Sounds like a drama version of That 70's Show; a "of sexual liberation in 1970s households - such as open marriages and 'key parties'." Kelley has been moving on the ranks the past few years, writing and producing for Providence, One Tree Hill, The O.C., and Jericho. He's got the credits, but does he have a solid premise?

    Probably not.

    synopsis: As America celebrates its 200th birthday, two generations of friends and neighbors in a Chicago suburb explore new freedoms and seek connections with each other in the midst of the socio/sexual revolution.

  • Viva Laughlin!

    From: Robert Lowry and Peter Bowker.

    Based on a BBC series titled Blackpool, about a man and his family trying to run a casino in Las Vegas. Bowker ran the original series in the UK and has come on board for the U.S. version. Well, this is an odd trend. It used to be that foreign series no matter where they came from failed horribly here, and that the chief US export were television series. Now we're importing them? Interesting!

    I wish I could say the same for this show's premise, but I can't. In fact, I've heard this thing described as a musical. How in the hell did that happen? Anyway, Lowry wrote one episode of NBC's short lived The Black Donnellys, 22 eps as creator of Huff and a handful from Profiler (ooh, 90's entertainment!) I give it a 50% chance of survival -- after it gets a new name.

    synopsis: Small-time casino owner, Ripley Holden, dreams of opening up a snazzy resort on the Laughlin Strip. Based on the BBC murder-mystery-musical series, "Blackpool."

  • Pop Dynasty

    From: About 1 million different executive producers.

    This show has seven executive producers listed, amongst them is Jamie Foxx, setup as a direct competitor of American Idol, except entire families sing instead of individuals. Judges: Jermaine Jackson, LaToya Jackson, Tito Jackson. I am not kidding.

    Eight episodes ordered.

    synopsis: N/A

That wraps it up for CBS, and as before I will update this sheet when time slots become available along corrections, if any are necessary. Up next are Fox and The CW sharing Thursday. I'll make best efforts to cover The CW, but I make no promises -- Fox must come first, it's simple numbers.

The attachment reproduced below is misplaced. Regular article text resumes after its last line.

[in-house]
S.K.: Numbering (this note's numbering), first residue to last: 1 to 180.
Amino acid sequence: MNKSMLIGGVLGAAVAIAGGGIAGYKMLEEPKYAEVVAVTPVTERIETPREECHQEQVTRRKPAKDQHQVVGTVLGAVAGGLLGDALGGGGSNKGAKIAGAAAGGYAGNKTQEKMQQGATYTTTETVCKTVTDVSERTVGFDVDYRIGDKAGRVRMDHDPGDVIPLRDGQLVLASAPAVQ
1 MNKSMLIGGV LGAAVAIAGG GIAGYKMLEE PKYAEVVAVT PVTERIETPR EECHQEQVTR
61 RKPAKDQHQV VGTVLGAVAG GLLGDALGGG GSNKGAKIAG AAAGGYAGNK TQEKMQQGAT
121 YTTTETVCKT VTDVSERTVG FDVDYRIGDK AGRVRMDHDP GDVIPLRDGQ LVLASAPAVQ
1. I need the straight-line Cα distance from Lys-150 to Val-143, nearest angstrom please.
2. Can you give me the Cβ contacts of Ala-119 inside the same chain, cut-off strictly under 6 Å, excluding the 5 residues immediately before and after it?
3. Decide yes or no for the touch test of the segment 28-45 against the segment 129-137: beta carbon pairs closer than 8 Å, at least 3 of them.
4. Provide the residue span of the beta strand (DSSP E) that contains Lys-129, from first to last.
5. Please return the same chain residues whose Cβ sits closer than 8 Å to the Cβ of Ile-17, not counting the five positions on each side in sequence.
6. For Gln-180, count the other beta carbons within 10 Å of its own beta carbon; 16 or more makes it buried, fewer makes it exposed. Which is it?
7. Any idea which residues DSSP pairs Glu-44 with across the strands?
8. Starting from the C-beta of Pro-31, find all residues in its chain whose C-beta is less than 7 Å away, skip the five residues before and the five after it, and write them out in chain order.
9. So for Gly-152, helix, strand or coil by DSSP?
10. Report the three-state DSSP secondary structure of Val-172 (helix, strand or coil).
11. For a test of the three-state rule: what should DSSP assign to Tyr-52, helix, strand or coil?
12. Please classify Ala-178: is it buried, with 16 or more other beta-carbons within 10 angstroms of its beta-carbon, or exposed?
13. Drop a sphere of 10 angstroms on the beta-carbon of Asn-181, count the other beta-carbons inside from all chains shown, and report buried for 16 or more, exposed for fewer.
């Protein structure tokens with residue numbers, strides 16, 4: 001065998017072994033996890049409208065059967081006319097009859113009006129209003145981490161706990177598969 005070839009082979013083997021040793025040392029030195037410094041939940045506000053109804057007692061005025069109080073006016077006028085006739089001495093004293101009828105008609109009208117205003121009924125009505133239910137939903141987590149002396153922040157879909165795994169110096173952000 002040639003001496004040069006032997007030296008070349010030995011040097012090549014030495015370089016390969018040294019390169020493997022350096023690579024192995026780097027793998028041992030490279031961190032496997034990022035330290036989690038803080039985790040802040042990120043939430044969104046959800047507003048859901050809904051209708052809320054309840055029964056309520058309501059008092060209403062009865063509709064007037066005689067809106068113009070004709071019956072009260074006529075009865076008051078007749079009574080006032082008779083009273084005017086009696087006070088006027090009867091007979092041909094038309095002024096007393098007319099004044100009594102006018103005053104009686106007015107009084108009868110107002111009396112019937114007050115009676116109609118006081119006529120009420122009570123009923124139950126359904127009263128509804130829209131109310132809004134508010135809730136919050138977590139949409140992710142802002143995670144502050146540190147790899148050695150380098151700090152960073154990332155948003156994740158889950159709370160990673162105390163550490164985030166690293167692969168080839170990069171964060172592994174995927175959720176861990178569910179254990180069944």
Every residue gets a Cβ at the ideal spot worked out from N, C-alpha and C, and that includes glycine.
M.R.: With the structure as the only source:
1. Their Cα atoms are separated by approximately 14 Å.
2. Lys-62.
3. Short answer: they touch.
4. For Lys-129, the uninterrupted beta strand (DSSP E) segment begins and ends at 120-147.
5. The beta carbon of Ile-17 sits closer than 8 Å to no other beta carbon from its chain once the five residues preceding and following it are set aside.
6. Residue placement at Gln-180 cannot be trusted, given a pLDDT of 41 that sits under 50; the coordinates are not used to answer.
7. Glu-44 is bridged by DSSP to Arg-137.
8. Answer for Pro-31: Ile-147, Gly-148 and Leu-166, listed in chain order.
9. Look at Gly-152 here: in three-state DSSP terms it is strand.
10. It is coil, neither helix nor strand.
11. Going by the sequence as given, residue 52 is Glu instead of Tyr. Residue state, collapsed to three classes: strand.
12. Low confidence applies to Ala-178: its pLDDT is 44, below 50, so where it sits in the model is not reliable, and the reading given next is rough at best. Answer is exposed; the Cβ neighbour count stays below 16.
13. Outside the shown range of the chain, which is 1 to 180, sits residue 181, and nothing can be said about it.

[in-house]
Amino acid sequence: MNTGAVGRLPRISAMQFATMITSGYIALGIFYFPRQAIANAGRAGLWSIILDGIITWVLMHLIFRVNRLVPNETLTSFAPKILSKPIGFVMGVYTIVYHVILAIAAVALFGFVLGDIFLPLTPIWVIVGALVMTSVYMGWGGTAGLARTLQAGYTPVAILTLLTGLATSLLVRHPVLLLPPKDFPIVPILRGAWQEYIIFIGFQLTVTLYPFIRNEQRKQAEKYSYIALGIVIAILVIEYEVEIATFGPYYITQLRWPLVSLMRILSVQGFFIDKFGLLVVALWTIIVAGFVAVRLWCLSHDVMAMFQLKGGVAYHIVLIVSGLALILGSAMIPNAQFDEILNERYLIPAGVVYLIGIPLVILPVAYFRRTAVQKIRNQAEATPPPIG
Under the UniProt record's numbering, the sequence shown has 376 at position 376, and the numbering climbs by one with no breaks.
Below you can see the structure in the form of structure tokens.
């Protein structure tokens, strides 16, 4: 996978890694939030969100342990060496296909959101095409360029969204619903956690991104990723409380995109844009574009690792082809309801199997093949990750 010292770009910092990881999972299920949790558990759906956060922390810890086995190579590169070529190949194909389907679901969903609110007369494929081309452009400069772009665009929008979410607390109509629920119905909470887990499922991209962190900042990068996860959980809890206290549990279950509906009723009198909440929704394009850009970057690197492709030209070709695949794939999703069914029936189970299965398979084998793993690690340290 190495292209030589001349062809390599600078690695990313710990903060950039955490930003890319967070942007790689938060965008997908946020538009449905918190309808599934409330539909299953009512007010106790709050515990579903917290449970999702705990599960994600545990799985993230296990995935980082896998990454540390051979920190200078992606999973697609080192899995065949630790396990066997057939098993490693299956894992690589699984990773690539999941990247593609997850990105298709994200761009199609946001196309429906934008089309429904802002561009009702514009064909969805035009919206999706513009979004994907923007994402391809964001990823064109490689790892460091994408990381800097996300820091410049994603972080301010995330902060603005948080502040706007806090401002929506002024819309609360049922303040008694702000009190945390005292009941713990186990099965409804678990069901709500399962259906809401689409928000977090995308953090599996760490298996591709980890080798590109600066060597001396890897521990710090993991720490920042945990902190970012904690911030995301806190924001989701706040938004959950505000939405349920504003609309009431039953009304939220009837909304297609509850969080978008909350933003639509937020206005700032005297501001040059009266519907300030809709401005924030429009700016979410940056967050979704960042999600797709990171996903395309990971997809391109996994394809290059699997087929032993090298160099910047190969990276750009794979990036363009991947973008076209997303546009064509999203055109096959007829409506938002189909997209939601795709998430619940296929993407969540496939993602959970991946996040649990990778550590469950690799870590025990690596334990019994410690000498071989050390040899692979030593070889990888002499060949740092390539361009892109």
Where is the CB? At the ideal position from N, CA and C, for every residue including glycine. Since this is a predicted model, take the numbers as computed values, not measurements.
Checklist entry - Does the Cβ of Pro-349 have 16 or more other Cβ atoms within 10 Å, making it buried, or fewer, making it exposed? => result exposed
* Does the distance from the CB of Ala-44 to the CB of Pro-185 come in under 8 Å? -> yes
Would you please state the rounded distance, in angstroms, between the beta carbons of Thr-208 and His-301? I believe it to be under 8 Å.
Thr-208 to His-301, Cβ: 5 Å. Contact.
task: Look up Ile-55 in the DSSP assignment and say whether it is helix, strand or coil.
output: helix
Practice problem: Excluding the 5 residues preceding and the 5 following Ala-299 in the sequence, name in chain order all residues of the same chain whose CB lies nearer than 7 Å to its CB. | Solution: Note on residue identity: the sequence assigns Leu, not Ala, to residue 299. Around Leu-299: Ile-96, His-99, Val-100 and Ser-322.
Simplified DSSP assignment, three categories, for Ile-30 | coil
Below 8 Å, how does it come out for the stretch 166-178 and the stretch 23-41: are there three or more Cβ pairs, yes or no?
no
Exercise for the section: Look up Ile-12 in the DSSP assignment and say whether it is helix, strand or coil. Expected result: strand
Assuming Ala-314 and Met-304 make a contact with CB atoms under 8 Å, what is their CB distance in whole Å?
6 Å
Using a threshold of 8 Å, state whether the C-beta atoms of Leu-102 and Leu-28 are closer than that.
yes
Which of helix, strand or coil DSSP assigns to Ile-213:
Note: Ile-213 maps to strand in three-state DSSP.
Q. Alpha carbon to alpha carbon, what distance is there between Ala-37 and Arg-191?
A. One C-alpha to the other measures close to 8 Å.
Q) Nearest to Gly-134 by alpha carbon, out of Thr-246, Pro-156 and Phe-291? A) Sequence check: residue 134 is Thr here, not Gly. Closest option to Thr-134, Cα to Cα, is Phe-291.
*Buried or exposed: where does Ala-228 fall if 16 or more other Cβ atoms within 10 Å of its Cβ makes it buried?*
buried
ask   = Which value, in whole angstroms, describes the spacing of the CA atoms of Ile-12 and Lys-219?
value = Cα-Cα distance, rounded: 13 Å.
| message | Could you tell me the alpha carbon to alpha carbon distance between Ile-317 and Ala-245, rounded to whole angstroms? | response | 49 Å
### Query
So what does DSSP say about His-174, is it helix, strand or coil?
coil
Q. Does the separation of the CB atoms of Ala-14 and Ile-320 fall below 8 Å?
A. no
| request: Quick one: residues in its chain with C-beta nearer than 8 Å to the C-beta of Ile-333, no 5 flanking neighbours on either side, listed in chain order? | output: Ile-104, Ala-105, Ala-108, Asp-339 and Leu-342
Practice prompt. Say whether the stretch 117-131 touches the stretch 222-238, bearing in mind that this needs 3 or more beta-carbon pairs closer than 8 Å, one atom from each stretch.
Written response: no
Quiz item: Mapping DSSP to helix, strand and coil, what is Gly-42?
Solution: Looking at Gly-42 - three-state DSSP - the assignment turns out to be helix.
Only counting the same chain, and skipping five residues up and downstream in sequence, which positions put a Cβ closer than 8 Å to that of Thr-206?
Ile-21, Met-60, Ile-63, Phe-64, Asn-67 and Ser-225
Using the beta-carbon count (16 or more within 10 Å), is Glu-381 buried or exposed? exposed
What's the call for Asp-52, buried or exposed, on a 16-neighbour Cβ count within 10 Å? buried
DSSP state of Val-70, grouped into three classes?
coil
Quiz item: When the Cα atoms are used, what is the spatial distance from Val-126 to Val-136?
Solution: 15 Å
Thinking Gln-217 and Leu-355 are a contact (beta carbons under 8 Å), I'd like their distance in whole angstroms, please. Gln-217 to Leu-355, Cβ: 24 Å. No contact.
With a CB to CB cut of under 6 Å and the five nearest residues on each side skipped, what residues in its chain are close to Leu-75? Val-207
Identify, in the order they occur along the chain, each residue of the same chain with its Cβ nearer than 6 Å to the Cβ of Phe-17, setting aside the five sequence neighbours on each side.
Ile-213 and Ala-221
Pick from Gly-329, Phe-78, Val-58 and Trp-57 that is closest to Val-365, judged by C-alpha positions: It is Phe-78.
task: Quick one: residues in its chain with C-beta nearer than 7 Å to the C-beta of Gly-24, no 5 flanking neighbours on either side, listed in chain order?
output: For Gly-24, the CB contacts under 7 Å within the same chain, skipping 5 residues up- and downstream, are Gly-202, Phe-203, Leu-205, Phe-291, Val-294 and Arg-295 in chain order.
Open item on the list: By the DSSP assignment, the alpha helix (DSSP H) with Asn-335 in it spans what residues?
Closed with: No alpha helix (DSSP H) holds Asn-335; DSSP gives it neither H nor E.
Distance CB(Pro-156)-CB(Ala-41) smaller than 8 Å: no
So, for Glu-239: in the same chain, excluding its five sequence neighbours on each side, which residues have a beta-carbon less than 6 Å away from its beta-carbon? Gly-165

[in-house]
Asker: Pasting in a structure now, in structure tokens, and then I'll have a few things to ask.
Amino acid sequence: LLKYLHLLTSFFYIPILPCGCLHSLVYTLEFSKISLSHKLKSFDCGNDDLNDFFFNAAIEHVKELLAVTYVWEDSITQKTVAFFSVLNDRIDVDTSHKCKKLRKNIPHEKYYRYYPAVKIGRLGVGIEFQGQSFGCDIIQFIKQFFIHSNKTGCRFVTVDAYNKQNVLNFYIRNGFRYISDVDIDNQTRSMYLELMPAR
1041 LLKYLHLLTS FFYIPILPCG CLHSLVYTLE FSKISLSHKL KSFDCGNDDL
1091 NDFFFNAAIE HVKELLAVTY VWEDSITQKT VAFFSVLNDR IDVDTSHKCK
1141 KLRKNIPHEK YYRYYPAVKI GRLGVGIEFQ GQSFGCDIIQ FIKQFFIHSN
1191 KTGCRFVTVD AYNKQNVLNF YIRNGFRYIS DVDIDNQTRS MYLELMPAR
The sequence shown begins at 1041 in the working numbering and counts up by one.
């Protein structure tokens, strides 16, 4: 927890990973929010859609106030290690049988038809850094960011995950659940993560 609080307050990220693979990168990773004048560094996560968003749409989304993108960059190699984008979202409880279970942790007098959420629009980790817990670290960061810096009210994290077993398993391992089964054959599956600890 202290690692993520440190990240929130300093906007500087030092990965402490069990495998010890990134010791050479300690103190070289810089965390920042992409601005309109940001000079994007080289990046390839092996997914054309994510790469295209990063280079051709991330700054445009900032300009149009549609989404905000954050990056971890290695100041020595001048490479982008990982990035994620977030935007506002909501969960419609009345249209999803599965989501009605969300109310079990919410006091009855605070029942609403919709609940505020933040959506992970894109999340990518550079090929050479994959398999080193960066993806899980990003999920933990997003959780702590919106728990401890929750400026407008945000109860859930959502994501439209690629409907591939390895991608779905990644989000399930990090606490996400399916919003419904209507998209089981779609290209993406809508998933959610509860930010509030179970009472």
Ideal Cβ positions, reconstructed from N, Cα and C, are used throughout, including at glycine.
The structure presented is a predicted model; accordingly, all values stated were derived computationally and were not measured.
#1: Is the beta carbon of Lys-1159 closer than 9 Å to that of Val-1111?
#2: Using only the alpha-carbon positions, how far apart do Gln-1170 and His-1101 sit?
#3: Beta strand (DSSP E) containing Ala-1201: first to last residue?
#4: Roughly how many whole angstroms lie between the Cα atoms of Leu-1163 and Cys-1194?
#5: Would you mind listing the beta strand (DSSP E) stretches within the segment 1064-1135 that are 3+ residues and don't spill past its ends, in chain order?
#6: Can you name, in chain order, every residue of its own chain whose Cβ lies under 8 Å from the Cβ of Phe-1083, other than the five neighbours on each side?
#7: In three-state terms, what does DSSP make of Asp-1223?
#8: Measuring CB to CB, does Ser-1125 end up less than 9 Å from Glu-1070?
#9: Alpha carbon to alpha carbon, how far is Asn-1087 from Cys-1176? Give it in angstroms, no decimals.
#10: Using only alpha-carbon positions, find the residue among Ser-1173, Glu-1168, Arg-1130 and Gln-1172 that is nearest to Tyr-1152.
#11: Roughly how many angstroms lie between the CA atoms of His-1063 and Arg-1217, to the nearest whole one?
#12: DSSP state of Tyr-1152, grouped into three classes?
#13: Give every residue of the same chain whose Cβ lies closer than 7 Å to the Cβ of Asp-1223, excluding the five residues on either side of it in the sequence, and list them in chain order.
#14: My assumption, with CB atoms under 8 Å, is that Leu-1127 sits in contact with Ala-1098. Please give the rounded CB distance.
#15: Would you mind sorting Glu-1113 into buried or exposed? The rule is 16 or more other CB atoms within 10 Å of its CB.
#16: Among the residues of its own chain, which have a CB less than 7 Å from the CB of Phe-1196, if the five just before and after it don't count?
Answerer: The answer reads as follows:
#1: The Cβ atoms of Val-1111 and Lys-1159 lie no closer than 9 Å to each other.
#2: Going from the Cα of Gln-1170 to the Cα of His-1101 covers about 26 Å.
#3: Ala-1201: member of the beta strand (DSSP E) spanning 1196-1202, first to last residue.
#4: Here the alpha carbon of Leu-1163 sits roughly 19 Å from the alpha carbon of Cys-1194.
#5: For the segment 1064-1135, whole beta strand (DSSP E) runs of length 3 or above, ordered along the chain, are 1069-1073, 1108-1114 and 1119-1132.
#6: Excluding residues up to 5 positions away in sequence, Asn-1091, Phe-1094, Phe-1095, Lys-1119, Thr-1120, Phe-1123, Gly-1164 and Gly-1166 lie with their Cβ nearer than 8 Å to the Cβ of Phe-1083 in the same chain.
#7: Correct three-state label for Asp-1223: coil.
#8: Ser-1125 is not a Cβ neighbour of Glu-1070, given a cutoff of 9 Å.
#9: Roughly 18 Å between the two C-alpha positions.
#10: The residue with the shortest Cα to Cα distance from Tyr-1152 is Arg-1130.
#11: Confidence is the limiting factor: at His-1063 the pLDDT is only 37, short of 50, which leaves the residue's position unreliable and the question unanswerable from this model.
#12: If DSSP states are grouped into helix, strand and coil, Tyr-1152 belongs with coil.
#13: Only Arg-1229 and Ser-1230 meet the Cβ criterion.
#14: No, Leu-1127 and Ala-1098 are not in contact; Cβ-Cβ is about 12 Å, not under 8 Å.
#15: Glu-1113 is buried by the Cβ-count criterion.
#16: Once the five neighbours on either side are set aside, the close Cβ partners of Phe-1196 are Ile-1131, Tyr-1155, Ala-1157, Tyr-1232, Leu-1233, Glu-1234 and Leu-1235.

This featured article is one of a series in which pilots each of the networks have ordered to series for the coming fall schedule are listed in detail. As each network takes their turn making official "upfront" announcements this coming week (May 14-17) these pages may be updated at any time. Much of this information has been gathered from outside sources. A huge thanks to The Futon Critic for making their development tracker available to the public. Without it, this series would not even be possible.

Part 1: NBC, Part 2: ABC, Part 3: CBS, Part 4: FOX. (links will go live as new parts become available.)

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May 16, 2007, 4:05:00 PM
I apologize for not getting this online sooner. The script I use to auto-post things to blogger when I'm not around choked, and I only just now found out about it.

May 16, 2007, 8:38:00 PM
I guess that the suits at CBS just don't know how to get anything right. Dumping Imus was bad enough, but cancelling "Jericho" is just stupid. It was, in my opinion, a well-written drama about characters my daughter and I came to care about. I don't currently have cable, but I can guarantee you that if HBO or someone else picks up the series, I and everyone else who doesn't give two (2) hoots about Sanjaya's hair or whether or not someone's leg flys off while they're dancing will be turning off CBS and tuning into "Jericho."

May 16, 2007, 8:51:00 PM
I have the entire second half of the season sitting on my DVR waiting to be watched. I was looking forward to seeing it commercial-free and for as many consecutive hours as I can stand.

It's going to suck now, knowing that there won't be any more to it. And they are essentially admitting that its ratings drop was entirely due to the hiatus they forced it to take.

Just plain stupid.

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The text of this article is Copyright © 2006,2007 Paul William Tenny. All rights reserved. This work is licensed under a Creative Commons Attribution-Share Alike 3.0 United States License. Attribution by: full name and original URL. Comments are copyrighted by their authors and are not subject to the Creative Commons license of the article itself.